The recipient of the 2016 “Inman Award” is Quentin Buckholz, a Masters of International Affairs candidate at Columbia University's School of International and Public Affairs. In his paper, “The 1980’s War Scare: Misperceptions, Mistaken Beliefs, and Missed Signals in US-Soviet Relations,” Mr. Buckholz assesses how the Soviet Union came to believe in the threat of a nuclear first strike by the United States in the early 1980s, and how US intelligence misinterpreted or dismissed that fear.
The graduate student semifinalist is Daniel Severson, a recent J.D. and M.P.P. graduate of Harvard University. His paper, “National Security Reporting Requirements: Managing the Tension Between Secrecy and Accountability,” explores the potential benefits and limitations of reporting requirements mandating disclosure to Congress of the legal rationale underlying certain sensitive intelligence activities.
The undergraduate semifinalist is James “Jake” Barnett, a recent graduate of the University of Texas at Austin. Mr. Barnett’s History Honors Thesis, “When Culture Eats Strategy: Examining the Phoenix/Phung Hoang Bureaucracy in the Vietnam War,” uses statistical methods to assess the effectiveness of (and accountability for) US counterinsurgency programs undertaken during the Vietnam conflict.
More than 150 high-quality papers from students at dozens of U.S. colleges and universities were submitted in the second Inman Award competition. The papers were evaluated on their academic rigor, clear presentation, creativity, and the potential to contribute positively to the US intelligence community. The Intelligence Studies Project extends sincere thanks to the participating students (and their professors) for continued support of this unique award program.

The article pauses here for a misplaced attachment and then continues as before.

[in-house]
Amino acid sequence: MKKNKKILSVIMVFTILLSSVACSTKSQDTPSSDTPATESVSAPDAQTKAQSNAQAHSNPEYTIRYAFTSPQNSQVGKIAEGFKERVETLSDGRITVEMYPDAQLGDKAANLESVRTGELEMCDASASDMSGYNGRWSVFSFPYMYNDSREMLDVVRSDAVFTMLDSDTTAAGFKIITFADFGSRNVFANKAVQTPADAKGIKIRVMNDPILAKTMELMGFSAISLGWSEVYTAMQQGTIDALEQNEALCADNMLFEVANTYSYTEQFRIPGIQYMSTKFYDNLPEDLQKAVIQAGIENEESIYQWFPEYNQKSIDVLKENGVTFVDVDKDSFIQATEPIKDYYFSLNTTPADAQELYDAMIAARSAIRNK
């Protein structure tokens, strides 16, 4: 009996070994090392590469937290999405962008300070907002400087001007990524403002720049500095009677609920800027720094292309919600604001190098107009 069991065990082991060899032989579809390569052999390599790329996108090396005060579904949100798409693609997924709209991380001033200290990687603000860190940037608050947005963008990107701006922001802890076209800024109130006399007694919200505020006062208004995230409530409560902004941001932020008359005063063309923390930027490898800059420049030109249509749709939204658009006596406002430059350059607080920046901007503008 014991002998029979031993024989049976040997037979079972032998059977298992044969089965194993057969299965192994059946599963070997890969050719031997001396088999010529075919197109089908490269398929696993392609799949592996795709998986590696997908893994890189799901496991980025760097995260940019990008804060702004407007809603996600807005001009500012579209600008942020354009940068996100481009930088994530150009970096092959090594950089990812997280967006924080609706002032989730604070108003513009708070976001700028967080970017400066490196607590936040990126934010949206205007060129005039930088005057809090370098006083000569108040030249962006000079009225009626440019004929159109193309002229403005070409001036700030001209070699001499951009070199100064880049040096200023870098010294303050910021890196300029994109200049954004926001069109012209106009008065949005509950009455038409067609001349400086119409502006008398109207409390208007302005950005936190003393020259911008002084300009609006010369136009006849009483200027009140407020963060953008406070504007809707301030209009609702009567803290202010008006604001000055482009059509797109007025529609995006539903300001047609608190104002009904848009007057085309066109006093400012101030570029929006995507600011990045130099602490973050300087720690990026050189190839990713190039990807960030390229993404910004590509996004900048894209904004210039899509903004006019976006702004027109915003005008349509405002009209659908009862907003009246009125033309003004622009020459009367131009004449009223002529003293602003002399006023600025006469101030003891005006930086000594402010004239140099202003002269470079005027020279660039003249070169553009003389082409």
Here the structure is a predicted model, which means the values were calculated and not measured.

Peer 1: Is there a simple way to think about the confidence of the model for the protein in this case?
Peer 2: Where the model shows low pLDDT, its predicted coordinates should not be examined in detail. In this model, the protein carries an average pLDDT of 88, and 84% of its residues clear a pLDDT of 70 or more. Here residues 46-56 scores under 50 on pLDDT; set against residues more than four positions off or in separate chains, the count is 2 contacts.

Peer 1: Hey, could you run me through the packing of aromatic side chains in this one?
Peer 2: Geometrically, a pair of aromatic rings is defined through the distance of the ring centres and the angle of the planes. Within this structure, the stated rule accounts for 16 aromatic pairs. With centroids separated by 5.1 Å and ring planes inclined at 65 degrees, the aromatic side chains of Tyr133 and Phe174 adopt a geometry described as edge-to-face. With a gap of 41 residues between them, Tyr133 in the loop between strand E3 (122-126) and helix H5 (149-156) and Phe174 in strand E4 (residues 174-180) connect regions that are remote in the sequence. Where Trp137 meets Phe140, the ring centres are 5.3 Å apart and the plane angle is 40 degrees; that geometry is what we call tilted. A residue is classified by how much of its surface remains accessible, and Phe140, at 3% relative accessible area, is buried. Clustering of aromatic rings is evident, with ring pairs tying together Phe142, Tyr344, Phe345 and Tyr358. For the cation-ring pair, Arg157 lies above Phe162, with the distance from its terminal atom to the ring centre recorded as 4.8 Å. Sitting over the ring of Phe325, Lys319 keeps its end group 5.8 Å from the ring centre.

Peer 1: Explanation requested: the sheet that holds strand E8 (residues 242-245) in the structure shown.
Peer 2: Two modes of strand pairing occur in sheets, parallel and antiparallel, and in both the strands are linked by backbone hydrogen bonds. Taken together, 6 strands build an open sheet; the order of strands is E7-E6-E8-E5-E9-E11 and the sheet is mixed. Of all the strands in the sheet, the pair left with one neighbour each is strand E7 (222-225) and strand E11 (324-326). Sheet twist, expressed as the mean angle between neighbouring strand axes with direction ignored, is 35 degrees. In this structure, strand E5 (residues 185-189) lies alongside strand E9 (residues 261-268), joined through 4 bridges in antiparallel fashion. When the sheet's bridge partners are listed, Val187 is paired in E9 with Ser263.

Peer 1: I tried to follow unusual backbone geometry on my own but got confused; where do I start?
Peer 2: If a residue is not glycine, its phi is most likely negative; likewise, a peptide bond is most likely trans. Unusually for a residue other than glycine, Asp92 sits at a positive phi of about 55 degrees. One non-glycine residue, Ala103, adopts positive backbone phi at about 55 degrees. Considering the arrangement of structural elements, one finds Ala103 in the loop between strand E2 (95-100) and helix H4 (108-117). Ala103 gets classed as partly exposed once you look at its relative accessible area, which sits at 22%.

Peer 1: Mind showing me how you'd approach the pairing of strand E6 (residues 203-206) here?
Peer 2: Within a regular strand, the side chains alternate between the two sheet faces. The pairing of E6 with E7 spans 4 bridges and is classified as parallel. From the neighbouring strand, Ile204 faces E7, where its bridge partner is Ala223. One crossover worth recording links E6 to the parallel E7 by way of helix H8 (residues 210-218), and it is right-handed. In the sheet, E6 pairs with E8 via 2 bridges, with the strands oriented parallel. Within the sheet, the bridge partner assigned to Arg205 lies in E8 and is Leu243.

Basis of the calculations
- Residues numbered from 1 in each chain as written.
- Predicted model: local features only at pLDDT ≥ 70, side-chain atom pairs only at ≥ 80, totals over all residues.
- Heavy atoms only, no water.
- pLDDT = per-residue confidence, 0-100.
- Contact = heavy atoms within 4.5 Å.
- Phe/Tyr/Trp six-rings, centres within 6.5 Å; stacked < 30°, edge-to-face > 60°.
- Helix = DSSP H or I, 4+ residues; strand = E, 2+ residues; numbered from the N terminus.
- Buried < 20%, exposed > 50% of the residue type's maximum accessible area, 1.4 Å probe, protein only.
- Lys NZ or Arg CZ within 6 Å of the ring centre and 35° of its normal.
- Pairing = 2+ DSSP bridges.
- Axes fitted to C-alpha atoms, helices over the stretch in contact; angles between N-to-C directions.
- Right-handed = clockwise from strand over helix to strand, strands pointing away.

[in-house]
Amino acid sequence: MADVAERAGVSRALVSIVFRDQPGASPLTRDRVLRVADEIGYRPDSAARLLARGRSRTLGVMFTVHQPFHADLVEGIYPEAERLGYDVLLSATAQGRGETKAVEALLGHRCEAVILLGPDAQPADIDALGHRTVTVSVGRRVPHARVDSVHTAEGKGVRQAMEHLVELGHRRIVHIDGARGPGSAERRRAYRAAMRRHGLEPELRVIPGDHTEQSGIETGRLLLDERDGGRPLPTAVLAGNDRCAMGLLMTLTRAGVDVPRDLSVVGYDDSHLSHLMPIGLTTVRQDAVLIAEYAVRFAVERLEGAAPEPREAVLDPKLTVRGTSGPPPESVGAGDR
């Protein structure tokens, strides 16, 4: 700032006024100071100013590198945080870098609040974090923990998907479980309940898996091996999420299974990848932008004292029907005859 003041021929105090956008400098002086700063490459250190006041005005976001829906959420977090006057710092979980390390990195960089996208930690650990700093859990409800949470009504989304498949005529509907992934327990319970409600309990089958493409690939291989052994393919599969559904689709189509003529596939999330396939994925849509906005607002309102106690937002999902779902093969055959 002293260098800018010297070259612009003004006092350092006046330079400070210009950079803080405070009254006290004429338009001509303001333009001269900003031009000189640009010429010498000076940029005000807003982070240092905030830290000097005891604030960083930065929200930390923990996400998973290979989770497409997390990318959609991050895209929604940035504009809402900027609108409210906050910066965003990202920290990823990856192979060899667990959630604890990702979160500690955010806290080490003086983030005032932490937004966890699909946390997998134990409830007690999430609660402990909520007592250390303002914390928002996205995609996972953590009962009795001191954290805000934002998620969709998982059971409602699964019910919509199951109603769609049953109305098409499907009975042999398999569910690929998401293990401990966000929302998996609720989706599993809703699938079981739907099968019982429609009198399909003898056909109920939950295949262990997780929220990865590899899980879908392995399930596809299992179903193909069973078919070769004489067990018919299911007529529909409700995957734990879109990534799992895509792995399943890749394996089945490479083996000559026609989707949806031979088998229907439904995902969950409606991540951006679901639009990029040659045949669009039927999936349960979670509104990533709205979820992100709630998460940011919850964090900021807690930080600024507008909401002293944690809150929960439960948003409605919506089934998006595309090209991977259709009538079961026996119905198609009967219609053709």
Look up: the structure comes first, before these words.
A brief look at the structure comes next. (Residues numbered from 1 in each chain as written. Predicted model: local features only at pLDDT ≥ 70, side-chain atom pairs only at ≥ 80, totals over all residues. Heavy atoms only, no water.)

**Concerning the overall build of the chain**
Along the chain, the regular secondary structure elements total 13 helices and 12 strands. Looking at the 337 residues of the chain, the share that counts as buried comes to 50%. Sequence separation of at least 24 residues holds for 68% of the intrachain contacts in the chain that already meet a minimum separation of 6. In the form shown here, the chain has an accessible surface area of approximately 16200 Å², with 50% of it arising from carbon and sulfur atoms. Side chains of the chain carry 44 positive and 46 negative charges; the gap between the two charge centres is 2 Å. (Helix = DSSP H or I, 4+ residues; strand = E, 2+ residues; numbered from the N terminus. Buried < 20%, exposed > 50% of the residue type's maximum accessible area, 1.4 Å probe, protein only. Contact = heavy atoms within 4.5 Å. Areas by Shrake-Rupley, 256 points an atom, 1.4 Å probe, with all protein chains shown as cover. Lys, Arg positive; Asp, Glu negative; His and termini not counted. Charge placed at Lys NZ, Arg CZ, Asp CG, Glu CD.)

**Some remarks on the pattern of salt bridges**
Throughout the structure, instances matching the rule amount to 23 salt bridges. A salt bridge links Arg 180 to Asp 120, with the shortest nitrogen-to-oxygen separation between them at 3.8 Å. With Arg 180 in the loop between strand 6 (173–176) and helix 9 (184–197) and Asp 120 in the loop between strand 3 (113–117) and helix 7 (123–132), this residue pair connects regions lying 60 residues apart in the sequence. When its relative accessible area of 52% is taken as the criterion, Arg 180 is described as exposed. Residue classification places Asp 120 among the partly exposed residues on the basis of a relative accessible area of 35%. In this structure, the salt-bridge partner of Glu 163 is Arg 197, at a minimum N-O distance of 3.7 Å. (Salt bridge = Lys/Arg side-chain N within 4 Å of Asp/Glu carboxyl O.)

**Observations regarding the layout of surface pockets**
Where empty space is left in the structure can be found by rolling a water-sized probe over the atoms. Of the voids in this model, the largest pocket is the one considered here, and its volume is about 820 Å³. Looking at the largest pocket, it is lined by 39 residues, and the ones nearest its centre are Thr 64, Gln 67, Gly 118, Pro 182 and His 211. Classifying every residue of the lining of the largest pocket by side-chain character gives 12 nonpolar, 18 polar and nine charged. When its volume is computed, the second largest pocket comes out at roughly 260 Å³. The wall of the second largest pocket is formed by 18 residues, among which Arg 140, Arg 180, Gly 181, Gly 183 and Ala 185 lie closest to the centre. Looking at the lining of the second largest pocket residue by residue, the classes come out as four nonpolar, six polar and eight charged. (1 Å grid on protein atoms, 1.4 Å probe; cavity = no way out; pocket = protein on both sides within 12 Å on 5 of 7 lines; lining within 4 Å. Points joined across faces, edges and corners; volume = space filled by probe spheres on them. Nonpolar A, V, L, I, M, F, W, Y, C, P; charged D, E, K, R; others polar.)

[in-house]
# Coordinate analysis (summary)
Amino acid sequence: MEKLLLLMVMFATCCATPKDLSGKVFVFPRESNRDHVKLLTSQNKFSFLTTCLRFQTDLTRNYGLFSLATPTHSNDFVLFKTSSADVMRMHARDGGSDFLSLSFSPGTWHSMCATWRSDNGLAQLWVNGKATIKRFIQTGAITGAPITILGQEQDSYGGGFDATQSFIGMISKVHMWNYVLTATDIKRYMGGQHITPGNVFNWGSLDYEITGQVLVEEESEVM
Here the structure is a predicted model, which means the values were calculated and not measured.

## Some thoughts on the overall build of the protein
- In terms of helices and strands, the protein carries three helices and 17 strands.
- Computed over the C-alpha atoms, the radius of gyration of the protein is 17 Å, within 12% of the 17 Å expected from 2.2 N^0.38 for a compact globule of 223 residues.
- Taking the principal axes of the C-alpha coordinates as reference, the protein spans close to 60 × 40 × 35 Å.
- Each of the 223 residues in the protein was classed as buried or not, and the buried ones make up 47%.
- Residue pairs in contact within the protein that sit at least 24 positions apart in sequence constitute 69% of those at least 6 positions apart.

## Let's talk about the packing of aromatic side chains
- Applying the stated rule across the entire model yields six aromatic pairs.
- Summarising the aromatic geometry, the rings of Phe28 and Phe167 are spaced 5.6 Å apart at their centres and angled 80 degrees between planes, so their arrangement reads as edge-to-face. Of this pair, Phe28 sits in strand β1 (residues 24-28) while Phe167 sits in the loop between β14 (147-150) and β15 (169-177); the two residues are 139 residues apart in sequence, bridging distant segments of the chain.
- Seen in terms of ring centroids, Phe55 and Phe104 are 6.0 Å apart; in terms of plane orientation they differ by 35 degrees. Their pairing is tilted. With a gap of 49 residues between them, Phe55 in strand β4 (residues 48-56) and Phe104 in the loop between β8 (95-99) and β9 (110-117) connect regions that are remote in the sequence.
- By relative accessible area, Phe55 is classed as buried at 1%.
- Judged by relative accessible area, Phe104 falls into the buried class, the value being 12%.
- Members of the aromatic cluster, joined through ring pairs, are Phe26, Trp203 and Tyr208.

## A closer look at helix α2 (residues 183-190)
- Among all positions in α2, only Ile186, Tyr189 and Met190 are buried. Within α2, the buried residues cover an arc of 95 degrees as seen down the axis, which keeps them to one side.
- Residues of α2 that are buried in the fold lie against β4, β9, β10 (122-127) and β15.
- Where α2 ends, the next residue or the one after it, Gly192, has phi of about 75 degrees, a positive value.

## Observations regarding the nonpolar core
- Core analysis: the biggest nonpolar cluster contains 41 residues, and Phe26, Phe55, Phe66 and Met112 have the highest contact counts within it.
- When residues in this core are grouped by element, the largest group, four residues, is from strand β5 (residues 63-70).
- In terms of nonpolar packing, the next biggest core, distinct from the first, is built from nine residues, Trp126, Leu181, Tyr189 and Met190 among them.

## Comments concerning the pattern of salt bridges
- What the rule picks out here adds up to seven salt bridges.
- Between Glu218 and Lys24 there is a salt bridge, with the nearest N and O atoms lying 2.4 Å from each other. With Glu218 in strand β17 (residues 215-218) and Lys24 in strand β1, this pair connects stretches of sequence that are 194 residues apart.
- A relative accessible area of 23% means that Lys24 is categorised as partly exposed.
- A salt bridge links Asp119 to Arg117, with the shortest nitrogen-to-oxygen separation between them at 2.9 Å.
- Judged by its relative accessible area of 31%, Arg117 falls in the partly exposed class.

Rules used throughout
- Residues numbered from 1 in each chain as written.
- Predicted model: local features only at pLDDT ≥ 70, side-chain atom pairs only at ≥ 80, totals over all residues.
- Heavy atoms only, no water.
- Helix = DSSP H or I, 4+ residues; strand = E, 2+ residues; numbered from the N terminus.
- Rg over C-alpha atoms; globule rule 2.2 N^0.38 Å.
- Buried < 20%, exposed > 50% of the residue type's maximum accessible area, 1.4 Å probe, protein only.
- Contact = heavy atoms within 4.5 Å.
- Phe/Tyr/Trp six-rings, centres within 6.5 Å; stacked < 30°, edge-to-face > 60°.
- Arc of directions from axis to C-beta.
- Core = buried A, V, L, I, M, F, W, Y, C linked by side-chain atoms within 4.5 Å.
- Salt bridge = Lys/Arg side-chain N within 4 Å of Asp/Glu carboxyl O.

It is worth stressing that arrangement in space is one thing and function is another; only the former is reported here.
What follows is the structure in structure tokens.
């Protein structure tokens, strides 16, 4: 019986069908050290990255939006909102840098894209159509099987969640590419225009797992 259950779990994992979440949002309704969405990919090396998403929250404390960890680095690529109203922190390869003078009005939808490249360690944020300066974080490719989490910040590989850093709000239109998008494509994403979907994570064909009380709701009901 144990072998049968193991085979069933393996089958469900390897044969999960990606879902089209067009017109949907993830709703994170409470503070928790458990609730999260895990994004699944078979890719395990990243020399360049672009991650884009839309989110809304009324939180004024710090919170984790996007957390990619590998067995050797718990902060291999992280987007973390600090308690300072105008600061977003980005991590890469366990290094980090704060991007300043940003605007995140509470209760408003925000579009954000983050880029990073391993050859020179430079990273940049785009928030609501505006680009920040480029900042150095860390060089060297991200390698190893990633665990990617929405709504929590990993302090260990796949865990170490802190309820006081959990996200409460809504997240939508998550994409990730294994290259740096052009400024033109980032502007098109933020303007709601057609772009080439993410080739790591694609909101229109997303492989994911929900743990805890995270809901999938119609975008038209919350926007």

The Intelligence Studies Project was established at the University of Texas at Austin in 2013 as a joint venture of the Robert S. Strauss Center for International Security and Law and the William P. Clements, Jr. Center for National Security. In partnership with the LBJ School of Public Affairs, the Project’s mission is to improve understanding of intelligence activities and institutions through research, courses, and public events bringing intelligence practitioners together with scholars, students, and the public.
The Inman Award recognizes more than six decades of distinguished public service by Bobby R. Inman, Admiral, U.S. Navy (Ret.). Admiral Inman served in multiple leadership positions in the U.S. military, intelligence community, private industry, and the University of Texas. His previous intelligence posts include Director of Naval Intelligence, Vice-Director of the Defense Intelligence Agency, Director of the National Security Agency, and Deputy Director of Central Intelligence. He continues to serve as a teacher and mentor to students, faculty members, and current government officials while occupying the Lyndon B. Johnson Centennial Chair in National Policy at the LBJ School of Public Affairs.
Additional information on the Inman Award competition and the Intelligence Studies Project is available at http://intelligencestudies.utexas.edu/inman-award.